Posted by: Martin Russell | August 23, 2011

Obama Calculates The Libya Foreign Policy Equation

In foreign policy, hindsight is the decision process’ greatest threat. It can expose any liabilities in the process from decision to impact to consequence. Whilst these very rarely fit such a clear lineage, hindsight is the evaluative tool of media, historians, and public opinion. Consequently, the auxiliary role that the United States and the Obama administration played in the current situation in Libya represented both a challenge and opportunity for the President yesterday.

Initially, the sweeping actions and rhetoric of the rebel forces got even some of the world’s leaders drunk with glee, no doubt enhanced by the claims that a legitimate [rather reductionist military engagement] by NATO facilitated a swift collapse of the Gaddafi regime. It was the next logical step after wide recognition of the TNC as the legitimate force in Libya. Yesterday was supposed to be the physical representation of such a fact. Cameron spoke of the need to avoid a “complacency” and the need to move towards a more “inclusive” Libya. Sarkozy was extending invites to Paris. The ICC proclaiming the capture of Gaddafi’s sons. The politics of justice, you could say, were in full swing.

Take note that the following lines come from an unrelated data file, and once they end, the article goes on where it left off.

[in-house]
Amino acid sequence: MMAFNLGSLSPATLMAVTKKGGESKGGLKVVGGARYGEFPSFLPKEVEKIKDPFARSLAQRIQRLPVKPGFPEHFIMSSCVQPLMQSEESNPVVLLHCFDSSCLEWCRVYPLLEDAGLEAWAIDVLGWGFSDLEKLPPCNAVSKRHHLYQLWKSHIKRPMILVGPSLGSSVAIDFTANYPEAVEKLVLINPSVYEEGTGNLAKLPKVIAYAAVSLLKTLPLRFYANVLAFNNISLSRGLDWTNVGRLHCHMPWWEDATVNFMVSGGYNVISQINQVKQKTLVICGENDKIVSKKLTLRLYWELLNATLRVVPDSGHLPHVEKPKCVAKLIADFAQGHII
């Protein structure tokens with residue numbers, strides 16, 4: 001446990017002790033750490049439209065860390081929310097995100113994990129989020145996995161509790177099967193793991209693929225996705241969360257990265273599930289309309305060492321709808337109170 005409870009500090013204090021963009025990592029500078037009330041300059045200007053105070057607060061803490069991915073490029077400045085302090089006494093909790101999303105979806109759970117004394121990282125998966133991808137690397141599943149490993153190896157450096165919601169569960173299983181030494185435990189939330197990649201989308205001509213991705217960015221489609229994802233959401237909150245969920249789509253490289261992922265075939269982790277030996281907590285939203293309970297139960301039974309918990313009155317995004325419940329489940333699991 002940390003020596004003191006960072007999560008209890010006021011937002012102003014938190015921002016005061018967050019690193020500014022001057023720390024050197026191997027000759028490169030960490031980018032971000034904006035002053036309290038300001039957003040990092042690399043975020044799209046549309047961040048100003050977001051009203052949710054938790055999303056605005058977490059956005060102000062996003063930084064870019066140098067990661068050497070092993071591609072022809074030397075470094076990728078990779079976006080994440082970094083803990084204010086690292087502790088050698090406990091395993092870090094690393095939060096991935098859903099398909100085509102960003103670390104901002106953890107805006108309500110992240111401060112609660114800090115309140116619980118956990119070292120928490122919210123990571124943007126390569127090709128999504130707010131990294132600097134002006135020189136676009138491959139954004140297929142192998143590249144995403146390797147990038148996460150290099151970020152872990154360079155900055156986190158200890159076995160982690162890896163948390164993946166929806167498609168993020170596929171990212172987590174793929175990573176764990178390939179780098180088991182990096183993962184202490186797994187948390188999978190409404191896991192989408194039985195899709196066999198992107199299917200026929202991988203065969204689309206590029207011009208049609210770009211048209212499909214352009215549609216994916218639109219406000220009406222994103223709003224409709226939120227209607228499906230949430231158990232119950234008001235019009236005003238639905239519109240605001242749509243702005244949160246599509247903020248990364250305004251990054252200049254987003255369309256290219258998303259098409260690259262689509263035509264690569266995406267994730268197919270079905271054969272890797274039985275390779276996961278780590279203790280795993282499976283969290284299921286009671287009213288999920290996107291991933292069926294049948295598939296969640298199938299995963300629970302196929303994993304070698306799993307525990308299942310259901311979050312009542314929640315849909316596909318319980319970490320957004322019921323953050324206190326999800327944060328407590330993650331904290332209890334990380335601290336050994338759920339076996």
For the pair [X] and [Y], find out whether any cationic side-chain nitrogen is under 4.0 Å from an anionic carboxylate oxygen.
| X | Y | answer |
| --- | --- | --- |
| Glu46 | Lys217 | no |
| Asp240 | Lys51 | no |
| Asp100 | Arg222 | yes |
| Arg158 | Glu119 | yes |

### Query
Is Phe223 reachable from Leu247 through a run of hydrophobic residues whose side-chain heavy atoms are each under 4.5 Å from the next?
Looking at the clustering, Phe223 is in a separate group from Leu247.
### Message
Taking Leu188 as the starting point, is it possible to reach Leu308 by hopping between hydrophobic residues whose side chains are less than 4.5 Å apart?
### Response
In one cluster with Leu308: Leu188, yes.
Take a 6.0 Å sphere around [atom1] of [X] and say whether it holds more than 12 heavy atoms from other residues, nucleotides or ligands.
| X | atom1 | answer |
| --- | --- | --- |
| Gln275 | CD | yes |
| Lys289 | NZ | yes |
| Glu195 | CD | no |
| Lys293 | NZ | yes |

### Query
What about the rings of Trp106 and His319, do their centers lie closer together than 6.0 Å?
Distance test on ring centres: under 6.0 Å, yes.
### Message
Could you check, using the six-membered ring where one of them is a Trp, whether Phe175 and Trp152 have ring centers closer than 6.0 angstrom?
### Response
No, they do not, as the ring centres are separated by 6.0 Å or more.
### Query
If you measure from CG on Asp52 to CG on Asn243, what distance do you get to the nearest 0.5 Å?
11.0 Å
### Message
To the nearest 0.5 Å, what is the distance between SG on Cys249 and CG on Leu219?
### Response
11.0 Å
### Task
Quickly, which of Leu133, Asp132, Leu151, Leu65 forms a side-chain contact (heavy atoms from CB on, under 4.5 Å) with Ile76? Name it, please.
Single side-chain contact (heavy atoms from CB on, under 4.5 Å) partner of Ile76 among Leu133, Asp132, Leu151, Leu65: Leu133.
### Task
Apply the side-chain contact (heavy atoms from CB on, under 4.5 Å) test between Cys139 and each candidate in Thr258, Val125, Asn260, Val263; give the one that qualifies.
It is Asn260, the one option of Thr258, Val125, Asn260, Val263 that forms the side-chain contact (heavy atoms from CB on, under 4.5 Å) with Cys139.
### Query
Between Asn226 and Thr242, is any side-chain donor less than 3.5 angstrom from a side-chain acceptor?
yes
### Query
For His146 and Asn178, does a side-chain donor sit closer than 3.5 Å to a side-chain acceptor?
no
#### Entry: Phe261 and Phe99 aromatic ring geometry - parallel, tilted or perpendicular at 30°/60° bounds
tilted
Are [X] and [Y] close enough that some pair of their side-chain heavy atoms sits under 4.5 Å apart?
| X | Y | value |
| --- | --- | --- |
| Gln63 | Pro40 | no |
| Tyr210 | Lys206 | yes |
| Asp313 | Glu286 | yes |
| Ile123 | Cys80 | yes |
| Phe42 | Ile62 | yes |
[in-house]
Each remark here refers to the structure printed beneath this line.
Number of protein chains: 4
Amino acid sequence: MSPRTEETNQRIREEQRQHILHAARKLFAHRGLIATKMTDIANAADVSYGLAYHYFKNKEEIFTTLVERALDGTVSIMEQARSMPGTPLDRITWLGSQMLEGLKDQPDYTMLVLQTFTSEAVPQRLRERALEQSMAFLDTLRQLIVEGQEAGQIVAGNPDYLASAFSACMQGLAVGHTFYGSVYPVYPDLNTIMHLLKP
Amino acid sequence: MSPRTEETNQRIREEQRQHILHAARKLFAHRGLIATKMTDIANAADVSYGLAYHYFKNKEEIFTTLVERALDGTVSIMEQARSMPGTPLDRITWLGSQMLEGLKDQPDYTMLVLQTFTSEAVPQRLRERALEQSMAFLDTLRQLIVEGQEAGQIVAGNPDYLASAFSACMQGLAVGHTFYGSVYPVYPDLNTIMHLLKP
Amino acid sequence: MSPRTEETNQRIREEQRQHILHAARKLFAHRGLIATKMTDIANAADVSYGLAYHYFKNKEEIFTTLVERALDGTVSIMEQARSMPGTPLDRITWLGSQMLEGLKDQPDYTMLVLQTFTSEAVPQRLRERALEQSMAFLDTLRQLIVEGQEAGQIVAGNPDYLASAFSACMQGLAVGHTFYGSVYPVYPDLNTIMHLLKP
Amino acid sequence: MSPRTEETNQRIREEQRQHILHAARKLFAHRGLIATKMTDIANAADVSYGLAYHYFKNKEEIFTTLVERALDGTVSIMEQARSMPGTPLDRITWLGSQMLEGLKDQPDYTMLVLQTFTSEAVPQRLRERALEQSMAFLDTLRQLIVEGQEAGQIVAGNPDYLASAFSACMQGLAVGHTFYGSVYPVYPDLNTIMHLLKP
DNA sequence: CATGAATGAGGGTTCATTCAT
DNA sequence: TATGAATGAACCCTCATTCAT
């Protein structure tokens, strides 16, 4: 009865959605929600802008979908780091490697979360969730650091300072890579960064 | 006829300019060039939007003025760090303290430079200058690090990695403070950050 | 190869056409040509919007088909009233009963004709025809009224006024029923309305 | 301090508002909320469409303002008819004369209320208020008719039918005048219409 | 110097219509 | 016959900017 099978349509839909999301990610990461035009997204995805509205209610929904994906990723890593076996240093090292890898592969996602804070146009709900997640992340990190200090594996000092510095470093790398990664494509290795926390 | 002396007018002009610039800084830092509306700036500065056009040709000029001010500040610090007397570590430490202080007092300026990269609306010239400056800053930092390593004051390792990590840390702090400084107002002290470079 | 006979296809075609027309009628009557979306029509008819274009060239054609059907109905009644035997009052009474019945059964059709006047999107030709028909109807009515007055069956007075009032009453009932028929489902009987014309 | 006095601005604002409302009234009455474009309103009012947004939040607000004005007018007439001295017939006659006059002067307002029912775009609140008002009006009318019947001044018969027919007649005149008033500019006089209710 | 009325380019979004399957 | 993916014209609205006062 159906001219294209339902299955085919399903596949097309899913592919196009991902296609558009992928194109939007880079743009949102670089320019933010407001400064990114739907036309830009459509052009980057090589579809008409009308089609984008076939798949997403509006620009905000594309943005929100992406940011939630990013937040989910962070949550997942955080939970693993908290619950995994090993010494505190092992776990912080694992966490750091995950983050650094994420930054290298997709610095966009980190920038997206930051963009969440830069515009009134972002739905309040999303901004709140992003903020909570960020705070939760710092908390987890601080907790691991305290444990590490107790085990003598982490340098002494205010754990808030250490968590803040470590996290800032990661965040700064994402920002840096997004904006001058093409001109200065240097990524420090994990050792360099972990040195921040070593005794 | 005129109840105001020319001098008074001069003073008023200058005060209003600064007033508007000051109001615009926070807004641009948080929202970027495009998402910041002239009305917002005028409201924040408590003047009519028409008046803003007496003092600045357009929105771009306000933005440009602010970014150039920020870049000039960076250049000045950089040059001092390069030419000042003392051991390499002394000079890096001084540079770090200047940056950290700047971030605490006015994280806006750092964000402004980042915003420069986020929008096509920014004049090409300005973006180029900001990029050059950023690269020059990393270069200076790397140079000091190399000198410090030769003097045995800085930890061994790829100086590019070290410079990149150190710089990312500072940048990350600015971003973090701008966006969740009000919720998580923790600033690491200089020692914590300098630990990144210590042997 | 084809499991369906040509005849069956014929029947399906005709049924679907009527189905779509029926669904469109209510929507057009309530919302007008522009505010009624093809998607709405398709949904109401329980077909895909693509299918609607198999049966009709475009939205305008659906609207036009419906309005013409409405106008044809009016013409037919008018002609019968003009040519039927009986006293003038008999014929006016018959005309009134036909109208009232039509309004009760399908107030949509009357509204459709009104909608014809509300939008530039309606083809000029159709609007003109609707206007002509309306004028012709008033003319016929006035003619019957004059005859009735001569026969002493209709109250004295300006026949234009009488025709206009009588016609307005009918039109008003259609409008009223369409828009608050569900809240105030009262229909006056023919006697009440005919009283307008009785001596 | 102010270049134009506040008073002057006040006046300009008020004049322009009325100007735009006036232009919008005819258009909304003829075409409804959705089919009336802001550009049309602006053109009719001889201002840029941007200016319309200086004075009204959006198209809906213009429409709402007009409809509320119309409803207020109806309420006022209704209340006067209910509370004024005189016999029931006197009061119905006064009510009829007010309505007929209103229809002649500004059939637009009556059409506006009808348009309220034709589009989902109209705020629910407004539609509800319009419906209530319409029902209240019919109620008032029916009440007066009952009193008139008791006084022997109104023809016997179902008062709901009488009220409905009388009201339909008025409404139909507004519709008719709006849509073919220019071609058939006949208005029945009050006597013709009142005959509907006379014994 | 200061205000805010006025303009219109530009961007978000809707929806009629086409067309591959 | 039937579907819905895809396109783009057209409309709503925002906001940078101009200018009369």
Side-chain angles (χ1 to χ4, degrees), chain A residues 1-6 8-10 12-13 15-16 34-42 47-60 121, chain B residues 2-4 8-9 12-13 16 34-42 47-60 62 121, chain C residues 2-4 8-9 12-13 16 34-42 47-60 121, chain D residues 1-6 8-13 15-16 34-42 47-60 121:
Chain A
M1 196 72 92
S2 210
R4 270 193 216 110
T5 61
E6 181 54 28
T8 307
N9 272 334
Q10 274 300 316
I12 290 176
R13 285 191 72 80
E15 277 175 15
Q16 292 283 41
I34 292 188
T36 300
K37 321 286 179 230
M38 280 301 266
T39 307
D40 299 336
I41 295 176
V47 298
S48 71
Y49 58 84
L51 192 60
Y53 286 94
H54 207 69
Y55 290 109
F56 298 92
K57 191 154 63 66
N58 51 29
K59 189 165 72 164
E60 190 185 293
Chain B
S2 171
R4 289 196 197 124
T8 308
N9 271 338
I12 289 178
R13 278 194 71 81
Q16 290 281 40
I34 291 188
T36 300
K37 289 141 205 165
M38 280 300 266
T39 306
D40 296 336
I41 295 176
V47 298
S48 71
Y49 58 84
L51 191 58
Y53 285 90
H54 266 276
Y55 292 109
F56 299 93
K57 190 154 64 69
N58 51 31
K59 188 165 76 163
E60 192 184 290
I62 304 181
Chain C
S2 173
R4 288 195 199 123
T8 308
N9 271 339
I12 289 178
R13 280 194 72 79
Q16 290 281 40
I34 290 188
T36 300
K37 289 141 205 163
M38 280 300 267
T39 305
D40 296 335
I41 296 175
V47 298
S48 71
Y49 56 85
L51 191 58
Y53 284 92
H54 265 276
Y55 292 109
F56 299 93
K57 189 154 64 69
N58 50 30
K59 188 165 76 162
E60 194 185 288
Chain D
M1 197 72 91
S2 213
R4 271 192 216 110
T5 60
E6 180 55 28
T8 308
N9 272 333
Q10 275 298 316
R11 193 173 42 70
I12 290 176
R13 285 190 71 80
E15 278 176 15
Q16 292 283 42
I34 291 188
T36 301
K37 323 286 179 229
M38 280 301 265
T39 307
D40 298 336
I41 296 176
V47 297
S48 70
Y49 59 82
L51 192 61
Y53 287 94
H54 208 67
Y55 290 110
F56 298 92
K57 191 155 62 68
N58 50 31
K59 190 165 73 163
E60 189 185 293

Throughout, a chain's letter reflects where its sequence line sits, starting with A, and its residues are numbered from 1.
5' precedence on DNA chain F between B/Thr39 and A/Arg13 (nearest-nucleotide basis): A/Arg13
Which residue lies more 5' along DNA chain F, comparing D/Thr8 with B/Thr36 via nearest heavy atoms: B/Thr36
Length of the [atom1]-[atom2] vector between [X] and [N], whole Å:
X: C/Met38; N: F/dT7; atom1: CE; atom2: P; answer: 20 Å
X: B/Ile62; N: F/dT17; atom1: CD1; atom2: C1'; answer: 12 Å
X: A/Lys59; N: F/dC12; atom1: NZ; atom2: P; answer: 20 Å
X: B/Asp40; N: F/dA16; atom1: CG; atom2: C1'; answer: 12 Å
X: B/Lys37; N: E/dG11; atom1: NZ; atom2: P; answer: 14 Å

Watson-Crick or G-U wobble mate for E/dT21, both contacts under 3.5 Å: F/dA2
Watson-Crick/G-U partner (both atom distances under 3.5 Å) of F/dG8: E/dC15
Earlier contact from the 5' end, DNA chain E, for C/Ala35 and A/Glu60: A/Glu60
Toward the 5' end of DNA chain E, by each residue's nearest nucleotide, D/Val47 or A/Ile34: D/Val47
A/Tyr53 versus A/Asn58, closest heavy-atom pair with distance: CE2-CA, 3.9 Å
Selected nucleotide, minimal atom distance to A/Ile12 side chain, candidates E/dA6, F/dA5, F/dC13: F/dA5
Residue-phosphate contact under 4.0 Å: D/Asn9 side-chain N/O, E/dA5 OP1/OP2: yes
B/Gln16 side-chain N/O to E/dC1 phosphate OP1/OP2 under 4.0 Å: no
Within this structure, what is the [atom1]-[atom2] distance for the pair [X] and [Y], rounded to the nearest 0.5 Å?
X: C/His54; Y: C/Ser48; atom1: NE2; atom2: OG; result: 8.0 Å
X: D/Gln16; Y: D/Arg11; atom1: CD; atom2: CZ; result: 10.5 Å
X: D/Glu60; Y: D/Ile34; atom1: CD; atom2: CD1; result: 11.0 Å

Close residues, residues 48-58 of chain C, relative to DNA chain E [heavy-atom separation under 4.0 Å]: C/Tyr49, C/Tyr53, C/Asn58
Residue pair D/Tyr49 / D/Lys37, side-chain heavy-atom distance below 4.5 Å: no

Then, Obama, made his statement. Another particularly strong foreign policy showing in the aftermath of the demise of Bin Laden – a limited American engagement, co-ordination and effective execution. The fact that the U.S. was a secondary role is another geopolitical discussion for another day. In the midst of domestic troubles for Obama, caused by the debt crisis and credit ratings debate, Libya has currency for the administration. More importantly, Libya has historical currency for the domestic audience in the U.S. after Gaddafi’s numerous marks on the nation. Obama, however, did not overplay the role of the U.S.

Good choice.

24 hours later and an appearance by a supposedly captured son of Gaddafi in Tripoli has exposed one of the plagues of effective foreign policy, credibility. No.10 is relatively quiet this morning (Clegg is leading the show), Sarkozy is probably regretting some of the invites and the ICC have been made to look naive at best and inept at worst. The ICC is now in damage limitation mode acknowledging that no official recognition of the captures came. The TNC and rebel forces will also have to re-establish a credibility; this usually comes through tangible evidence. That might be bad news for Gaddafi.

As for Obama, he calculated the solution just right. Perhaps, just perhaps, the administration realised there was a gap in the line of information somewhere. Furthermore, a limited U.S. engagement can be retained within his rhetoric by one important strategic aim, limited U.S. culpability.

Obama has done well, very well indeed. Put it in this metaphorically way – Obama has managed to stay on holiday in Martha’s Vineyard, Cameron has had to return twice from holiday in nearly as many weeks although he did return to his well earned break today.

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